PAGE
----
New trial denied for man convicted in 2011 beating death who blamed lawyer for poor defense

A judge on Thursday refused to order a new trial for a Wichita man who claimed he was convicted of second-degree murder because his lawyer failed to adequately prepare his defense.

Clyde Johnson argued in his motion for a new trial that court-appointed defense lawyer Casey Cotton visited him in jail only a handful of times before his jury trial last September.

“He allowed prosecutors to slam-dunk a murder conviction down my throat,” Johnson testified in his motion for a new trial.

Johnson, 51, was convicted of second-degree murder and attempted rape for attacking a brother and sister at an apartment house in the 600 block of North Topeka. Evidence at the trial showed that both victims passed out from drinking too much before they were attacked by Johnson on March 27, 2011. Wichita police said Johnson beat both victims with a 24-inch machine bolt.

Handwritten motions for new lawyers are among the most common motions filed in criminal cases in Sedgwick County District Court. Almost all of the motions are filed by inmates complaining that their lawyers have failed to visit them regularly in jail and failed to keep them informed of the status of their cases.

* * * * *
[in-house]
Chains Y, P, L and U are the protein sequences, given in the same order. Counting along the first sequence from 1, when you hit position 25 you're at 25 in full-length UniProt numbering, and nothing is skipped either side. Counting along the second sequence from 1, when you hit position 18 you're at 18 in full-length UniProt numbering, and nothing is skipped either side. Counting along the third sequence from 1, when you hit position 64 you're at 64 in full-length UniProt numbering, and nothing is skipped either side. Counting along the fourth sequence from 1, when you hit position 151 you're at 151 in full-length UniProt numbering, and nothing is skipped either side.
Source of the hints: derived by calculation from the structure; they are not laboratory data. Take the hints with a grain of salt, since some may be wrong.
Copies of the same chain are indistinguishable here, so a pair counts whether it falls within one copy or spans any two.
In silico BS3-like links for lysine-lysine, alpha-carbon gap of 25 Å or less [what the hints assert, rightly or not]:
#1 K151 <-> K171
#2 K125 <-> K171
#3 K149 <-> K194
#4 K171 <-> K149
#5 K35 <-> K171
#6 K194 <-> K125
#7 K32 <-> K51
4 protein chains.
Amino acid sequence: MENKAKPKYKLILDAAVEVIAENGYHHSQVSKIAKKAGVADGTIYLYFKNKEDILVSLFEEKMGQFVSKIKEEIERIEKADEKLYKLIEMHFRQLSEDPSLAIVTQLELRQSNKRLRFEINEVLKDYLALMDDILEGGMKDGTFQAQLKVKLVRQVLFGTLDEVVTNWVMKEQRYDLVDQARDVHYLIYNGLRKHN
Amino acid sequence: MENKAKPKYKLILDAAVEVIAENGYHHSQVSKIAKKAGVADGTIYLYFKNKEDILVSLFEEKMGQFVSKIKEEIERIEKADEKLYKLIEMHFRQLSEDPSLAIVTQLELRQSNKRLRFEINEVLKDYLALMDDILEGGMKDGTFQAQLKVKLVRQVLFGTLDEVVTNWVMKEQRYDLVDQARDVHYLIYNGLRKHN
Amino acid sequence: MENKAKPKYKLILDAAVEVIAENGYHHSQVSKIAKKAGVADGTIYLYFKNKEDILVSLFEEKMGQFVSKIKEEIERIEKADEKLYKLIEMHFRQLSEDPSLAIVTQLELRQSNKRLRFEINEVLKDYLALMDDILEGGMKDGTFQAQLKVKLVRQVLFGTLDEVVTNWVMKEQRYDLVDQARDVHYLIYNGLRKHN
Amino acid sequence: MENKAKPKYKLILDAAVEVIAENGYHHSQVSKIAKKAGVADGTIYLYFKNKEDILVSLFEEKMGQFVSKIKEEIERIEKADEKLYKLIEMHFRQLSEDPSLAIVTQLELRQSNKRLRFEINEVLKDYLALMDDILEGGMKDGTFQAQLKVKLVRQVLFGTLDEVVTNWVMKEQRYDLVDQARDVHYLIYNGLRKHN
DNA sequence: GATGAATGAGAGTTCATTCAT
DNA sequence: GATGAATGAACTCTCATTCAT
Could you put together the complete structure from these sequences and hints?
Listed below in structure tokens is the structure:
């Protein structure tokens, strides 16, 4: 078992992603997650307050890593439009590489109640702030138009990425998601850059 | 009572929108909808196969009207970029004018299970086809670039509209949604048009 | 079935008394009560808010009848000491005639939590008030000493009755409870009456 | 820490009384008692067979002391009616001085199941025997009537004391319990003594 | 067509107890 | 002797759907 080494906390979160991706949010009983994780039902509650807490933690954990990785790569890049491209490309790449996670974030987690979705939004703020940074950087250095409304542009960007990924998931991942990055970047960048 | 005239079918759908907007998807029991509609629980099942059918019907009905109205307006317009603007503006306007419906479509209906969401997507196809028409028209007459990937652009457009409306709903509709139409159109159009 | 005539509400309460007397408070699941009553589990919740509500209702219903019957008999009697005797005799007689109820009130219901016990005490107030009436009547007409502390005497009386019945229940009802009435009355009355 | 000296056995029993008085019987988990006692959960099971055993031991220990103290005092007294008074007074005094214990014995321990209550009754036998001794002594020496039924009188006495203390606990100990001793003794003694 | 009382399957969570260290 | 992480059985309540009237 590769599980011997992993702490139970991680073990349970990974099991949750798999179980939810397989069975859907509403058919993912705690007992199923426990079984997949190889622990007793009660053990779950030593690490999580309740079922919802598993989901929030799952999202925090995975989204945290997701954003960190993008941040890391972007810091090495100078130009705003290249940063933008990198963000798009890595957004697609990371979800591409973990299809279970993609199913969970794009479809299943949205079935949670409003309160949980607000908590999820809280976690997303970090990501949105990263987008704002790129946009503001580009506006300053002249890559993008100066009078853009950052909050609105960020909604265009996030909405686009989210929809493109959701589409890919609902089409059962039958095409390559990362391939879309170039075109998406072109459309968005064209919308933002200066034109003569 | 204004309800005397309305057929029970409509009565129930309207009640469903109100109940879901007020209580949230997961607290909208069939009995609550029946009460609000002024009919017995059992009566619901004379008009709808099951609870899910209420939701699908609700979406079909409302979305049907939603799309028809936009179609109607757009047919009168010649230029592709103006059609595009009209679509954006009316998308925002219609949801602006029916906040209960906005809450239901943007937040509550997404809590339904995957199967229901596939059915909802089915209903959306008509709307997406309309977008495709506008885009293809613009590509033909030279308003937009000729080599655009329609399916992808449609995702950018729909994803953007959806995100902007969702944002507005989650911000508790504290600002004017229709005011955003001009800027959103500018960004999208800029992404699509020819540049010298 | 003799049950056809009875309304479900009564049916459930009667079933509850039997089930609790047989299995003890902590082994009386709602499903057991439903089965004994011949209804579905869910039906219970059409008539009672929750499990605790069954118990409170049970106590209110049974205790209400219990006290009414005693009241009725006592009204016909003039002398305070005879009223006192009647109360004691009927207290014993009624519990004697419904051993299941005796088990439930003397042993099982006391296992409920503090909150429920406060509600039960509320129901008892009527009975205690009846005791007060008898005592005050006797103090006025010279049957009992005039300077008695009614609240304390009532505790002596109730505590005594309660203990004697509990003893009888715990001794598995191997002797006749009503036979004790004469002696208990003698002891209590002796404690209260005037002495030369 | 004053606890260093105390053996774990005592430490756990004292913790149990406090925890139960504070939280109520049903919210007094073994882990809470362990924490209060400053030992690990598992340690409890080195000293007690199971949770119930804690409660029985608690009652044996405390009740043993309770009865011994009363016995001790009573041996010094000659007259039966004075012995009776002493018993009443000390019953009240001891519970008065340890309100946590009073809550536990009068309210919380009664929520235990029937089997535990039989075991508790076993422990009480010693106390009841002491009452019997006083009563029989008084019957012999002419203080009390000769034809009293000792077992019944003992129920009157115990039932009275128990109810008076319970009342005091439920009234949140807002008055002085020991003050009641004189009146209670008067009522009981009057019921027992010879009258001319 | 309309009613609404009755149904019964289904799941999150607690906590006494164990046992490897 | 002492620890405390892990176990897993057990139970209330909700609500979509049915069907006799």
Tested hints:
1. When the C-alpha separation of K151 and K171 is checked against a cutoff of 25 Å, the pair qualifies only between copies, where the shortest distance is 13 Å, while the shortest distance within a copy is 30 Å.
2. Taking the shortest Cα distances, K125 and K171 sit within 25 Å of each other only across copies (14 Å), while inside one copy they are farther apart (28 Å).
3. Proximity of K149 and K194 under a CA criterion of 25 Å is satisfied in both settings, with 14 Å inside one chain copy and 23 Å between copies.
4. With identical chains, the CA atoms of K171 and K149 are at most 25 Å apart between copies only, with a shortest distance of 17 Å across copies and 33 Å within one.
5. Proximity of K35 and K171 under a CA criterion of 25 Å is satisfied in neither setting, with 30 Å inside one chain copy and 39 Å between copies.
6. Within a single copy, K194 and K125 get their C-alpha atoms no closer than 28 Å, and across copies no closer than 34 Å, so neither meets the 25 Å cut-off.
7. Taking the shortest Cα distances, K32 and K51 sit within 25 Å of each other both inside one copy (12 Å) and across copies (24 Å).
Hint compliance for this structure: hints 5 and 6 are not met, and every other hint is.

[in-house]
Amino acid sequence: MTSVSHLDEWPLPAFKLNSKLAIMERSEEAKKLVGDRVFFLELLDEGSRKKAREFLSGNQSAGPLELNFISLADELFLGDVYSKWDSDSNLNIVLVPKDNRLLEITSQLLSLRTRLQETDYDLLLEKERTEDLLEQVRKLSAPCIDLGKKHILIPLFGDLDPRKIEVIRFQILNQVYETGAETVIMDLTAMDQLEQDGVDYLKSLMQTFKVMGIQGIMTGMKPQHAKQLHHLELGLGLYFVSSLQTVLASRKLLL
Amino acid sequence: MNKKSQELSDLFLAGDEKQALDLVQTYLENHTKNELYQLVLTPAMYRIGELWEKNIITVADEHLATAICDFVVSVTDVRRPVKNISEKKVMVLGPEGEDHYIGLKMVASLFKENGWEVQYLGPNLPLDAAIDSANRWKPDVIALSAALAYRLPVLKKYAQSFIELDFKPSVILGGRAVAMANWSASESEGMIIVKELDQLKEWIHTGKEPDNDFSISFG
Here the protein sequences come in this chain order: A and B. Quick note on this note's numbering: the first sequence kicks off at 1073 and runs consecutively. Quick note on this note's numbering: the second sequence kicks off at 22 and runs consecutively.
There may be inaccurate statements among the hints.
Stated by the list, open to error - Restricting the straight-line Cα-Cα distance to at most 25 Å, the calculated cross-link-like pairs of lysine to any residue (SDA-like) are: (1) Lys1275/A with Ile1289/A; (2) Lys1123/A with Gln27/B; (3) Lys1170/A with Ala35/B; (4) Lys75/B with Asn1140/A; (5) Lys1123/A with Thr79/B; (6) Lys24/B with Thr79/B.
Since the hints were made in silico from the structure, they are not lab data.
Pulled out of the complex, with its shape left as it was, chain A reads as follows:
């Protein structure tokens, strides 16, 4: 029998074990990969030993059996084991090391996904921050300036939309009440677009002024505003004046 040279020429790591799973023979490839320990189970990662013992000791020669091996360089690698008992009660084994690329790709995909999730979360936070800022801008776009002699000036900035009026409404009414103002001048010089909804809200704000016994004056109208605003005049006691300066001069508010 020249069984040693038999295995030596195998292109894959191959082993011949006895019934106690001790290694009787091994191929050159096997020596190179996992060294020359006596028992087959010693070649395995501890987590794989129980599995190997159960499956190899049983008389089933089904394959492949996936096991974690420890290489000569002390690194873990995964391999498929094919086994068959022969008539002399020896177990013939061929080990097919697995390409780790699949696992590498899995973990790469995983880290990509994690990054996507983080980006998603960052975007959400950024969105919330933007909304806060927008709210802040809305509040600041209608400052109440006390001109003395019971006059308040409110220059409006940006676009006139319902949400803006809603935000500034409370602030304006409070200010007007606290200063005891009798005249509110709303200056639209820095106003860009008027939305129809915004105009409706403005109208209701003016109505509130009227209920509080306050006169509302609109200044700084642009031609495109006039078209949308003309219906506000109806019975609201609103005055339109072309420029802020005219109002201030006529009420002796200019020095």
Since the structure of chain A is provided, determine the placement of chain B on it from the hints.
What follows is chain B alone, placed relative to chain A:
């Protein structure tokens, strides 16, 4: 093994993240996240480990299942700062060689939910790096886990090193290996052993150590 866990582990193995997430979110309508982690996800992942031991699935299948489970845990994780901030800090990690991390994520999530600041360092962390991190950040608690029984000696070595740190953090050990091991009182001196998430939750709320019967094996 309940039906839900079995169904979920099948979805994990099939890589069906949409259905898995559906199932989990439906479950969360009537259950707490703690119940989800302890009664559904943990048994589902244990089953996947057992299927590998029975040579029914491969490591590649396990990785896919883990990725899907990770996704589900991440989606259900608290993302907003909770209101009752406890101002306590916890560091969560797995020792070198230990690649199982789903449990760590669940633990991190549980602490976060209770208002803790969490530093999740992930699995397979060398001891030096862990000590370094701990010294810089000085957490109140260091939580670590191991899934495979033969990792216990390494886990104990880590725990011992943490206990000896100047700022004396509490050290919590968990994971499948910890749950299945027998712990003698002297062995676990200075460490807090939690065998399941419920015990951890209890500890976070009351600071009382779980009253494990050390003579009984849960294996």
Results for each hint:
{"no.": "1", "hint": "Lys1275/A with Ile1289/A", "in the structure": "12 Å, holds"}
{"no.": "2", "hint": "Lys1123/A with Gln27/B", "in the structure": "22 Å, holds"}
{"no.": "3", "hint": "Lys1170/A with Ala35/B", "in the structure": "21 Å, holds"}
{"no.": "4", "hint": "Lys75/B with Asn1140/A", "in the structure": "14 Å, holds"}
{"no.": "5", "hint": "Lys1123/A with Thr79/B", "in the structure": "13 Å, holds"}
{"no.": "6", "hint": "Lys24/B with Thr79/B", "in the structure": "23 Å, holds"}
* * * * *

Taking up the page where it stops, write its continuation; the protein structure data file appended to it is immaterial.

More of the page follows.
Cotton testified that he invested about 70 hours, counting court time, in his defense of Johnson. He took over the case after the preliminary hearing when a lawyer from the Sedgwick County Public Defender’s Office reported having a conflict in the case.

Cotton said an investigator spent more than 40 hours on Johnson’s case interviewing witnesses, reviewing reports and visiting the crime scene.

The Kansas Supreme Court has not addressed how much time a defense lawyer should spend defending a murder case. The court did rule that the 200 hours, including court time, that a defense lawyer spent in 2005 defending a capital murder case “fell woefully short.”

District Judge Terry Pullman, who presided at Johnson’s trial, said the 70 hours that Cotton put into the case provided Johnson with an adequate defense.

“With some cases, you don’t need to re-invent the wheel,” he said. “I don’t see how additional face-to-face time would have better prepared him for the case.”

As for the evidence against Johnson, Pullman said, “I don’t think ‘overwhelming’ is too strong a term for it.”

Cotton said he also visited Johnson in jail on the night before he was scheduled to testify at the trial. He said Johnson decided the next day not to testify.

“It sounds like the defendant got cold feet and he now regrets that decision, but that is not Mr. Cotton’s fault,” said Assistant District Attorney Justin Edwards, who prosecuted the trial.

Edwards said face-to-face contact in the jail is not a requirement for putting on a good defense.

“The obligation is not to hand-hold,” he said. “The obligation is to prepare a defense.”

A sentencing date for Johnson will be set next week.